This is the most work I’ve put into a podcast since the recordings from Mali episode . Enjoy!

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Max ZT and Ehren Hanson – Podcast 140

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itunes-button1The weekly Brooklyn Raga Massive Jam Sessions have an incredibly deep bench. The same night Neel Murgai proposed in 7.5 beats (podcast 139) the next set was Max ZT and Ehren Hanson.

This recording sounds particularly good because it was mixed and mastered by Phil Duke at Continental Studio in Long Island City, NY.

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Lauded as the “Jimi Hendrix of Hammered Dulcimer” by NPR, and a “Force of nature” by NY Music Daily, Max ZT is an innovator of the instrument. Taking his roots from classical Irish folk music, Max has transplanted his compositional techniques to both Senegal, where he studied the Mandinko technique with the Cissoko griot family, and to Mumbai, India, where he received a grant to study under the great santoor master Pandit Shivkumar Sharma. His fresh perspective and bold experimentalism have been the backbone to beautiful, complex, and genuine compositions, while his unorthodox playing style has been a pioneering force in revolutionizing dulcimer techniques.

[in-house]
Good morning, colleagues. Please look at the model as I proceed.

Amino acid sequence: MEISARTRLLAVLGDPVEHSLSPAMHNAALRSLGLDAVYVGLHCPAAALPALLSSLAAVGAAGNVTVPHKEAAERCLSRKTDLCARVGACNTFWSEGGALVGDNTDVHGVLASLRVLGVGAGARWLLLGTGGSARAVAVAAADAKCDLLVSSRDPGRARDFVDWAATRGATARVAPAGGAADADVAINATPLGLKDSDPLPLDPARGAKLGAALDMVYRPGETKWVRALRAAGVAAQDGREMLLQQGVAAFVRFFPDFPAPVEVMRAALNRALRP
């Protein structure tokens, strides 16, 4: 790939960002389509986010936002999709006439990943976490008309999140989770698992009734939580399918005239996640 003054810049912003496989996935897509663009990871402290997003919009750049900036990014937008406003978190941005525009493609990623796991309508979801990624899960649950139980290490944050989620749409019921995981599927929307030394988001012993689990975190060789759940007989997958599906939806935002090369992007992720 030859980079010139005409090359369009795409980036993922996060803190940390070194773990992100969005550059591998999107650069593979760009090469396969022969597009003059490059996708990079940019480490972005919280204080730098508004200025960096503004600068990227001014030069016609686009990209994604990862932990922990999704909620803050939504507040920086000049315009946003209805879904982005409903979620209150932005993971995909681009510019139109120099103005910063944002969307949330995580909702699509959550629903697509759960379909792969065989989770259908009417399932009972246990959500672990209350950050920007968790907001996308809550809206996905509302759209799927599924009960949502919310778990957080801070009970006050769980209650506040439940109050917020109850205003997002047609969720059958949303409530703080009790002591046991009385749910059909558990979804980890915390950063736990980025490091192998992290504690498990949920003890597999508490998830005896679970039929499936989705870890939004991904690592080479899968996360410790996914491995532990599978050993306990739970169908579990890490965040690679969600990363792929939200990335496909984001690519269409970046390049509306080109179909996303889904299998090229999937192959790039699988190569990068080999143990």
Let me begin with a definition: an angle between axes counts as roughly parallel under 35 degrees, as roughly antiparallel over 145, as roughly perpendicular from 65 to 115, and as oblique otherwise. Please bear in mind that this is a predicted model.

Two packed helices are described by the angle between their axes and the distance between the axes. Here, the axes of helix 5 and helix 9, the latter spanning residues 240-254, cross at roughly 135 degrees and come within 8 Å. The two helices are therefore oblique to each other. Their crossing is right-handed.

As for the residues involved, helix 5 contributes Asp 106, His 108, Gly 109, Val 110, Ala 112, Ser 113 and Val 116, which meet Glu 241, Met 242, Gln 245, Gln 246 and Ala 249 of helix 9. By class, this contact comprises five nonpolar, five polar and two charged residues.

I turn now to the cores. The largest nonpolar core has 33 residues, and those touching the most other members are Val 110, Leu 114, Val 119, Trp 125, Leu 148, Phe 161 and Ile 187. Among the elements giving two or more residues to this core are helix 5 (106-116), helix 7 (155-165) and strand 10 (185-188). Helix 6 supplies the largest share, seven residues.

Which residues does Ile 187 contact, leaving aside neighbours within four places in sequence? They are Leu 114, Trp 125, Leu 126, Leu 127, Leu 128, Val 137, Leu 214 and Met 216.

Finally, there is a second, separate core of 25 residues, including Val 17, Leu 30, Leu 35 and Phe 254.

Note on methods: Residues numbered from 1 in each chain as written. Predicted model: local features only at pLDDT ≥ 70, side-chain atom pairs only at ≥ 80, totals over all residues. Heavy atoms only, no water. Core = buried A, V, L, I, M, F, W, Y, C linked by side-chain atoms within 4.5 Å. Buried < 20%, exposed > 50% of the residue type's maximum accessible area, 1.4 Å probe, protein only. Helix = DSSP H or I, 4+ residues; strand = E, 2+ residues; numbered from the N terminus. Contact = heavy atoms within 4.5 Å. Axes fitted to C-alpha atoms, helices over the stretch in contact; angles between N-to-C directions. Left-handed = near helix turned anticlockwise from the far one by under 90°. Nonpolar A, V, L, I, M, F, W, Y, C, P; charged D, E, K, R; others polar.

Max has enlivened the conceptual framework of traditional folk music by fusing multi-cultural roots and traditions to create a truly compelling sound.

Max ZT has shared the stage with some of the most influential international and national musical leaders of the century including Pt. Ravi Shankar, Jon Bon Jovi, Karsh Kale, Bela Fleck, Victor Wooten, Tinariwen, Jimmy Cliff, and more. With his eighth record released, he is, as Timeout NY states “A sight to behold.”

MaxZT is based out of Brooklyn, New York, and in 2005, won the National Hammered Dulcimer Championship. He’s recorded with a vast array of artists across musical genres, ranging from Victor Wooten, to The Goo Goo Dolls, to 2012 American Idol Phil Phillips, to Of Montreal.